Dramatis Personae

The Crowd 
Trashman / The Satan 
Burial Detail / Two men with a Body 
Job's Wife 
Wise Woman / Storyteller / Scribe 
God of the Prologue / Eliphaz

    Three Angels 
    Four Messengers 
    God of the Poetry

The Scene

[Radio announcer. A lone palm tree grows by a city gate. A small crowd of men in Middle Eastern dress are seated on benches. Center stage are rocks and piles of ashes. Above is Heaven] with an inner curtain. [In the middle distance is a wadi, the deep gully of a desert stream, and on its far side are stately tombs for the rich. Below, in front, is the common burial pit for the poor.] This single scene, with Heaven, Earth, and Pit will suffice for the entire play. Music should be supplied as appropriate -- harp, tambourine, pipe and drums.

The angels and the messengers, when their part in the Prologue is done, join the audience. With their prompting, and with the help of cue sheets, the audience is encouraged to become part of the Crowd, the ancient jury before whom the Trial of Job will take place.

[Radio announcer. The Trashman with his basket of ashes enters from the city gate followed by two men carrying a man's body on a makeshift stretcher. A well dressed Job and his wife enter opposite. As they cross paths, the arm of the dead man flops out to smack Job squarely in the chest. Job stops to watch as the naked body is dumped unceremoniously into the Pit. Just at that moment the trashman, grinning, tips his ashes, spilling them over the feet of Job and his wife.]

Storyteller's Foreword

[Radio announcer. Now here's the Storyteller with her scroll and her raven's quill pen.]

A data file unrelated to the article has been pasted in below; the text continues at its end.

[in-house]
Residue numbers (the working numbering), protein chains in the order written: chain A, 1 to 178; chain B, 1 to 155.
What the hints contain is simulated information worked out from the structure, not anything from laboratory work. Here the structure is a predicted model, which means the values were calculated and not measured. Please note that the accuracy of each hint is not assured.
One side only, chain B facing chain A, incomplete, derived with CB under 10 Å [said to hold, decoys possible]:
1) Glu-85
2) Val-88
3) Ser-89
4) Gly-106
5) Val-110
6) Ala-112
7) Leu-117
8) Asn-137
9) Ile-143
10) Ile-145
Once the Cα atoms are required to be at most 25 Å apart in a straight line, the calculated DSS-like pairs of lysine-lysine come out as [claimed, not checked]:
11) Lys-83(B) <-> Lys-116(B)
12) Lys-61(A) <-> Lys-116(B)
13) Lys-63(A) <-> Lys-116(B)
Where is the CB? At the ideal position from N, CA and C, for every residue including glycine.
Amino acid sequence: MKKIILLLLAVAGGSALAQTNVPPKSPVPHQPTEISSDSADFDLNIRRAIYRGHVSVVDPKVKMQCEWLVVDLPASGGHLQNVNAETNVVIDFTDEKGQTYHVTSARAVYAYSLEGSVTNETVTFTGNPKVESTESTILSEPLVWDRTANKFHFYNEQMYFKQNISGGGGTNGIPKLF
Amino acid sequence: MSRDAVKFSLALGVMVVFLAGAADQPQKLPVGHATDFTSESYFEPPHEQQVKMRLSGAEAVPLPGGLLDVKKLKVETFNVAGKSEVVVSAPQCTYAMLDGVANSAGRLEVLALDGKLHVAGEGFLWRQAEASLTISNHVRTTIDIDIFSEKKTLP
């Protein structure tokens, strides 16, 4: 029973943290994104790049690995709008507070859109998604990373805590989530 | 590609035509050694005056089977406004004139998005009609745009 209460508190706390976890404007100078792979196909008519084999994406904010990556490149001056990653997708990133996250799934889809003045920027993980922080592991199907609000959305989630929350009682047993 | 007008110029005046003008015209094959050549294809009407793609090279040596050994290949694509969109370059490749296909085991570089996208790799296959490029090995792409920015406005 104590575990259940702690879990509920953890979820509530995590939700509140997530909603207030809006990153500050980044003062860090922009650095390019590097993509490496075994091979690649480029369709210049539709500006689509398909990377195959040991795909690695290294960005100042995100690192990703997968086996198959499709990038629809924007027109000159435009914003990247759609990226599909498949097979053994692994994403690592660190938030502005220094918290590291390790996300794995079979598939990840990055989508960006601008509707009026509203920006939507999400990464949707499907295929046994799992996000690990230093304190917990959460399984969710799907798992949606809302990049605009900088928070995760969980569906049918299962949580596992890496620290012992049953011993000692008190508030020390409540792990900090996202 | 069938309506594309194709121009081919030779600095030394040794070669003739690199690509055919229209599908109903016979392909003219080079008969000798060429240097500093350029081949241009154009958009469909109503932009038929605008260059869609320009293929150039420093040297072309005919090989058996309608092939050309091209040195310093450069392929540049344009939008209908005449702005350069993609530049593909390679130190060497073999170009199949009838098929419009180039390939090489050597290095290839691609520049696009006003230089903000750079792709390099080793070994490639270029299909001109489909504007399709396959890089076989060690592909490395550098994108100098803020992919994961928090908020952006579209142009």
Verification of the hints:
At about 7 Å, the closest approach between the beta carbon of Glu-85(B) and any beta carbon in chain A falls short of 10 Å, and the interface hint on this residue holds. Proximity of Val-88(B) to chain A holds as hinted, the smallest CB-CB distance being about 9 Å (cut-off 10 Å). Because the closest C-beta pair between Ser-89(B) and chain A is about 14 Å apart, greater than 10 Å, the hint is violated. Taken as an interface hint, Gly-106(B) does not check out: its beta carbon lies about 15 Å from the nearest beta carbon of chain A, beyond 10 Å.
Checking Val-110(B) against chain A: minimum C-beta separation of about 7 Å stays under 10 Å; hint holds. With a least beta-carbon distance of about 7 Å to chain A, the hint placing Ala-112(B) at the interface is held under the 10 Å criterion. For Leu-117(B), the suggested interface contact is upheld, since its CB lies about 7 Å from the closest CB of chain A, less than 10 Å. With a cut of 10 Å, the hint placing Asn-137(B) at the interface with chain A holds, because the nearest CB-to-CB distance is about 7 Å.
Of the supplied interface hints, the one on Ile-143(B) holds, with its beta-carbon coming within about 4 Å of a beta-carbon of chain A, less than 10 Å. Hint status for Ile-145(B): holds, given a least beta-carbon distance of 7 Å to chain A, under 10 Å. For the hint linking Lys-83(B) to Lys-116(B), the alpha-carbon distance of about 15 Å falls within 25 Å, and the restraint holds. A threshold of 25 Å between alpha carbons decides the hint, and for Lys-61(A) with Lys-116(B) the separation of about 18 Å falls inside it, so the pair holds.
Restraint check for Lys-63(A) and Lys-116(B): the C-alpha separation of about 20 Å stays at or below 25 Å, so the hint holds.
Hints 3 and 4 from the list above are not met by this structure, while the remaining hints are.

Storyteller. Theodore of Mopsuestia was condemned as a heretic for thinking Job a play, but it was, I know! I've played this part before. We've trimmed a bit from the original. What's left though, are still the words of Job and his friends -- God, too -- as I first took them down with this pen, nearly three thousand years ago.

Now be advised, the only plots here are that cemetary plot over there, where this poor man was dragged and dumped, and those tombs back there, where the rich are buried along with their plots against the poor. The word's the thing in this play, so give ear, you that know, "for the ear can tell a word as the tongue tells a taste!"

The Prologue


Storyteller. 1:1In the land of Uz dwelt Job, a man of  integrity and righteousness who feared God and shunned evil. 2Seven sons and three daughters he had, 3and seven thousand sheep, three thousand camels, five hundred yoke of oxen, five hundred donkey mares and many servants, so that altogether he was greatest of the chieftans of the East. 4In the feast days his sons, each in turn host at his own house, would invite their three sisters to eat and drink with them. 5Straightway the next morning Job would send for his sons to come and be purified; he would offer burnt offerings for each of them, saying,